And then ... you know how if you’ve had a few
You’ll wake at dawn, all healthy, like sea breezes,
Raring to go, and thinking; ‘Clever you!
You’ve got away with it.’ And then, oh Jesus ...

These are the men who have been out and done the hard thinking for all of us. At all events, K. Amis compresses all the dos and don’ts of hung-over venery in a skilled manner which makes one bawl like a pub bore: ‘Cheers mate! You said it!’ (Those interested in cross-referencing the subjects of this review will need to note what he says about the nicotine ingredient in the modern hangover – something that was beyond the reach even of Jeeves’s celebrated pick-me-ups.)

Smokers are in no real position to engage in denial, though I suppose there can be closet smoking, while drinkers can persuade themselves of practically anything between, as it were, cup and lip. It is amazing to read Byron’s bemused speculations (‘was it the cockles, or what I took to correct them?’) about his insurgent interior, when ‘what he took to correct them’, after a heavy dinner of shellfish and wine, was ‘three or four glasses of spirits, which men (the vendors) call brandy, rum or Hollands’. Of course, it could have been the cockles, couldn’t it? And then there are always old saws, like my father’s sapient favourite ‘Don’t mix the grape and the grain.’ I never understood this until it was too late, by which time it translated absurdly as keeping Scotch and wine in separate compartments of the inner bloke. Stuff and nonsense! Still, you do get people whining on about this, like Sebastian’s friend in Brideshead after he (Sebastian, not the temptation, you fool) had vomited copiously through Charles Ryder’s window:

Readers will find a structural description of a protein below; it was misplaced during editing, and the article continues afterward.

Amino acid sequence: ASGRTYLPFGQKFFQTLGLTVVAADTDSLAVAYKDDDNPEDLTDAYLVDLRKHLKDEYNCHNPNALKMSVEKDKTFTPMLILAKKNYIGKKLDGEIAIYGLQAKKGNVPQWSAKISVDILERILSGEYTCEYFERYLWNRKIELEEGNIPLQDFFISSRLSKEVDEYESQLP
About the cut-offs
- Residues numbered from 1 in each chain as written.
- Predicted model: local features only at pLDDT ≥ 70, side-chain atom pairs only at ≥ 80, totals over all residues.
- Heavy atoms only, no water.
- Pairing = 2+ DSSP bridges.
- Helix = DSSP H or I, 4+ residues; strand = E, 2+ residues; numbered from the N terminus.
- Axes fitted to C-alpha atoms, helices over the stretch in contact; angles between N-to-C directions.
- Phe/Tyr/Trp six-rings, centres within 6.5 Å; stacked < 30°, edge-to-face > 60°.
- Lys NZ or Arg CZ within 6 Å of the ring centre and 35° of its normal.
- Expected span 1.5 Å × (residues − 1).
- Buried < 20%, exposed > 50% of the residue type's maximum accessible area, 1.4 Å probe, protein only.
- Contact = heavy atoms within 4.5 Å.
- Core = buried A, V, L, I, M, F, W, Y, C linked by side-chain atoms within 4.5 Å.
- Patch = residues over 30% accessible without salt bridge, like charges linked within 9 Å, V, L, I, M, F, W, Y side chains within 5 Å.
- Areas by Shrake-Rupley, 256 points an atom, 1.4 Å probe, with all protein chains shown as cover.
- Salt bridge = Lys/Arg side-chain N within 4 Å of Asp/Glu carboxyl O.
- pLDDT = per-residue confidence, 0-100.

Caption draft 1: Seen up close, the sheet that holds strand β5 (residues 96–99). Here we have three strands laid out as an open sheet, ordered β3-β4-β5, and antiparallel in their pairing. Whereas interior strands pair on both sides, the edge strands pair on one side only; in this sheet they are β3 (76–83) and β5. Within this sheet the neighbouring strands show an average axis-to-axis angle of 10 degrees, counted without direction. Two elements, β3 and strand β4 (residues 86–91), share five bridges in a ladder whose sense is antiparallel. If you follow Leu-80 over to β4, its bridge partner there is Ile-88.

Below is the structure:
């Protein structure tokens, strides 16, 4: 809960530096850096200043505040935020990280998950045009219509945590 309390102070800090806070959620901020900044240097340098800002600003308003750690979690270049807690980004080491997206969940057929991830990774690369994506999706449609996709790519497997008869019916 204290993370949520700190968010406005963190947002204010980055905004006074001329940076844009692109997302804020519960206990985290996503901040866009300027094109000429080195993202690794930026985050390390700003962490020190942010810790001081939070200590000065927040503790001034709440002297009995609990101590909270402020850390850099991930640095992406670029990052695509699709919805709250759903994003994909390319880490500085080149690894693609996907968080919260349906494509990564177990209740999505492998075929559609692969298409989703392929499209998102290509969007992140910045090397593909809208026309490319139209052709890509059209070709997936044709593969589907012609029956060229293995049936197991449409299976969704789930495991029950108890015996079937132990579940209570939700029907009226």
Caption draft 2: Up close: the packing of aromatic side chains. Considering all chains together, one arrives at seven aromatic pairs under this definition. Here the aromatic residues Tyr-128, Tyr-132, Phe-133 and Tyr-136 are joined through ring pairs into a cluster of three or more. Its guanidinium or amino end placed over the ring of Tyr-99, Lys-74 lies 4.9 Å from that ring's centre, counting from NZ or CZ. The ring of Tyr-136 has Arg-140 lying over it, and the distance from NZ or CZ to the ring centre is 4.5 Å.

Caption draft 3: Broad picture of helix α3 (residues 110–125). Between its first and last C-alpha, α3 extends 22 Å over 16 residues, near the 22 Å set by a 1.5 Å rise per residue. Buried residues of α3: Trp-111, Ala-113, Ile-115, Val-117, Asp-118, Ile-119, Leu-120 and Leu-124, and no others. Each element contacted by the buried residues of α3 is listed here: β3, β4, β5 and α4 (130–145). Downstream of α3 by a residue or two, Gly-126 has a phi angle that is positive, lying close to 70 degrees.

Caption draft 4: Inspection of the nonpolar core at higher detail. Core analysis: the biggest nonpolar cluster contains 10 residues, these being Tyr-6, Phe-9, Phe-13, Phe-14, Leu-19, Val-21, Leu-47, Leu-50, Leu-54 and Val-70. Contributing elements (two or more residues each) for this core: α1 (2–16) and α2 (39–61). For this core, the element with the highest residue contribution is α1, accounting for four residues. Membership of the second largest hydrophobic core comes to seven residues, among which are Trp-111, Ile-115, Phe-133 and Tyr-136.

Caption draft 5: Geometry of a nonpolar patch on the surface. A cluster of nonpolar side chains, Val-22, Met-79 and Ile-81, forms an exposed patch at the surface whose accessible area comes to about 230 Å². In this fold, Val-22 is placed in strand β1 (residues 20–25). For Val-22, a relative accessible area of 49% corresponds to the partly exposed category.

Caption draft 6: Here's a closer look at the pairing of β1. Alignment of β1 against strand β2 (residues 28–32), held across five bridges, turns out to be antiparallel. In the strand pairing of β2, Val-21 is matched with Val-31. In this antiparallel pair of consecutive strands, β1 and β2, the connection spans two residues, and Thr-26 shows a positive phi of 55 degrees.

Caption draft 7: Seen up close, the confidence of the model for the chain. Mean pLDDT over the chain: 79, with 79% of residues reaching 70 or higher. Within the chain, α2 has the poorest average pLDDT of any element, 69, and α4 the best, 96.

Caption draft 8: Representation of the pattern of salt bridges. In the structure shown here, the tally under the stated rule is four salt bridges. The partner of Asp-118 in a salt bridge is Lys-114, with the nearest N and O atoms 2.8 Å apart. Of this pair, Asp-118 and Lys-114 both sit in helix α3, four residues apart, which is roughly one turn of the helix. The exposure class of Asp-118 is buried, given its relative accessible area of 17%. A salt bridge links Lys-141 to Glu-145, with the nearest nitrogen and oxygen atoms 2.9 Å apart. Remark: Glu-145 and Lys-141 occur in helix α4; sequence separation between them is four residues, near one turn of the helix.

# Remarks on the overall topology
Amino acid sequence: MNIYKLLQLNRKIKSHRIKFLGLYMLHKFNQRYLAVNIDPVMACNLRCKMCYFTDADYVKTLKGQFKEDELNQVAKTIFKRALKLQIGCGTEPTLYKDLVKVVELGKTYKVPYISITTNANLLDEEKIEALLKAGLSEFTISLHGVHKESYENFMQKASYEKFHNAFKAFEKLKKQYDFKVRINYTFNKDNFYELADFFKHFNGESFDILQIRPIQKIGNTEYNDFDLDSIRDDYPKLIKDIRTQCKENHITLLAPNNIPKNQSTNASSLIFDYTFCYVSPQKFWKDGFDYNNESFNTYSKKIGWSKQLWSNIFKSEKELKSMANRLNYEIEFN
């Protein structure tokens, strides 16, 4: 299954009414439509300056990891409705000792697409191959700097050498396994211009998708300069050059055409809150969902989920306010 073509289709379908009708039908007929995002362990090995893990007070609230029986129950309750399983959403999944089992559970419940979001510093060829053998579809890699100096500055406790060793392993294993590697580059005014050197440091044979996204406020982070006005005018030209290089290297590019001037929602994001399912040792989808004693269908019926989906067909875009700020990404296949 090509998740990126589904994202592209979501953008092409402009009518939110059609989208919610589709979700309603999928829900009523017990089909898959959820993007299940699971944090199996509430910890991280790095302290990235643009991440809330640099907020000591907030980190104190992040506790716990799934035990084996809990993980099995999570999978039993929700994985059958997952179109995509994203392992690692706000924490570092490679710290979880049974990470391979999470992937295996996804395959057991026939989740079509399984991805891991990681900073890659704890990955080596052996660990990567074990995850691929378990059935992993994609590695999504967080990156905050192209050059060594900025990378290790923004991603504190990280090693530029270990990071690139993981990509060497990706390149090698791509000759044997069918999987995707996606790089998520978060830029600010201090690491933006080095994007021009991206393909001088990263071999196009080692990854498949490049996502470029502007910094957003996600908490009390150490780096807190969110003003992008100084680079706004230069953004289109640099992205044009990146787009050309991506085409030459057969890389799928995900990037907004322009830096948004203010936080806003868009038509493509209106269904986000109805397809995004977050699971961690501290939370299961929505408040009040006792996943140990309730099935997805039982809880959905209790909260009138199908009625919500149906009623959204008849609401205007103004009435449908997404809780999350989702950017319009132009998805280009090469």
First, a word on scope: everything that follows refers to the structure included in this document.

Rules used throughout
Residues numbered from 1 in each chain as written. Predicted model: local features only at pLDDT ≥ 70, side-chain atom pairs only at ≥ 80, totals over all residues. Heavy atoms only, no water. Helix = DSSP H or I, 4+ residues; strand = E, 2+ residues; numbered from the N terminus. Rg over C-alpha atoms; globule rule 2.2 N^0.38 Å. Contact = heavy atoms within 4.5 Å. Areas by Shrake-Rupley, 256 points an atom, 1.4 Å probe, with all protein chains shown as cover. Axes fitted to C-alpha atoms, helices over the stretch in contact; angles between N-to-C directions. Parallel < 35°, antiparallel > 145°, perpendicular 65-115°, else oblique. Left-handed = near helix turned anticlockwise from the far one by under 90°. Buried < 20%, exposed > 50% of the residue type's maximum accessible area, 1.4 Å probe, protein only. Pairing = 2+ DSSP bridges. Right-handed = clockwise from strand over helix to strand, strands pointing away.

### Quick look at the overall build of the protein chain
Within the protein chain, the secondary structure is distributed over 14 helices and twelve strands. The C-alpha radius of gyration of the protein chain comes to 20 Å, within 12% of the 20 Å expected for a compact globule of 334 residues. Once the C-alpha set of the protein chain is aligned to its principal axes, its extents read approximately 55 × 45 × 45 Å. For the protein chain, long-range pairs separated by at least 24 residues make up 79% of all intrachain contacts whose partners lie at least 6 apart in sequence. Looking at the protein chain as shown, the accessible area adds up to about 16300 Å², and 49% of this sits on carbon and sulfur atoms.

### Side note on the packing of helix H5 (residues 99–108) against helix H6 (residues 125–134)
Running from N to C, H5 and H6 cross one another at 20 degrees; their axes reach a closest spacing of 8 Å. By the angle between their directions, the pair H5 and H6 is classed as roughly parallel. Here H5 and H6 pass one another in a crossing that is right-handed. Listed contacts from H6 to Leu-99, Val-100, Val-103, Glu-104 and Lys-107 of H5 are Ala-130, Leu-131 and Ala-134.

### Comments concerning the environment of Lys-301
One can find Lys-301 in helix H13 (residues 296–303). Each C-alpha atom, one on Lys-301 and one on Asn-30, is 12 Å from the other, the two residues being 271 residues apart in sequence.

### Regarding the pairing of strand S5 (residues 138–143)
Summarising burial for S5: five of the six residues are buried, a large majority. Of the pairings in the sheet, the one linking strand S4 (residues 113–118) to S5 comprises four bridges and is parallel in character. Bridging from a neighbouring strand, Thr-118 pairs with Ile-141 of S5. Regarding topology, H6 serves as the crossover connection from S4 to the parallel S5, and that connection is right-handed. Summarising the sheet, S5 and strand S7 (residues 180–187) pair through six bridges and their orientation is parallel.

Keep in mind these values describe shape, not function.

His explanations were repetitive and, towards the end, tearful. ‘The wines were too various,’ he said, ‘it was neither the quality nor the quantity that was at fault.’ It was the mixture. Grasp that and you have the root of the matter. To understand all is to forgive all.

Arguably. The best variant of this excuse comes from Billy Connolly, in his impersonation of a lurching Glaswegian gaping down at what is known in that city as ‘a pavement bolognese’. At length he concludes: ‘It’s no’ the Guinness that does it. It’s those diced carrots.’

I once saw the following manoeuvre actually performed, on the morrow of a Tory Party Conference in Blackpool, though the article employed was a necktie:

O’Neill would prop himself against the bar and order his shot. The bartender knew him, and would place the glass in front of him, toss a towel across the bar, as though absentmindedly forgetting it, and move away. Arranging the towel around his neck, O’Neill would grasp the glass of whiskey and an end of the towel in one hand and clutch the other end of the towel with his other hand. Using the towel as a pulley, he would laboriously hoist the glass to his lips.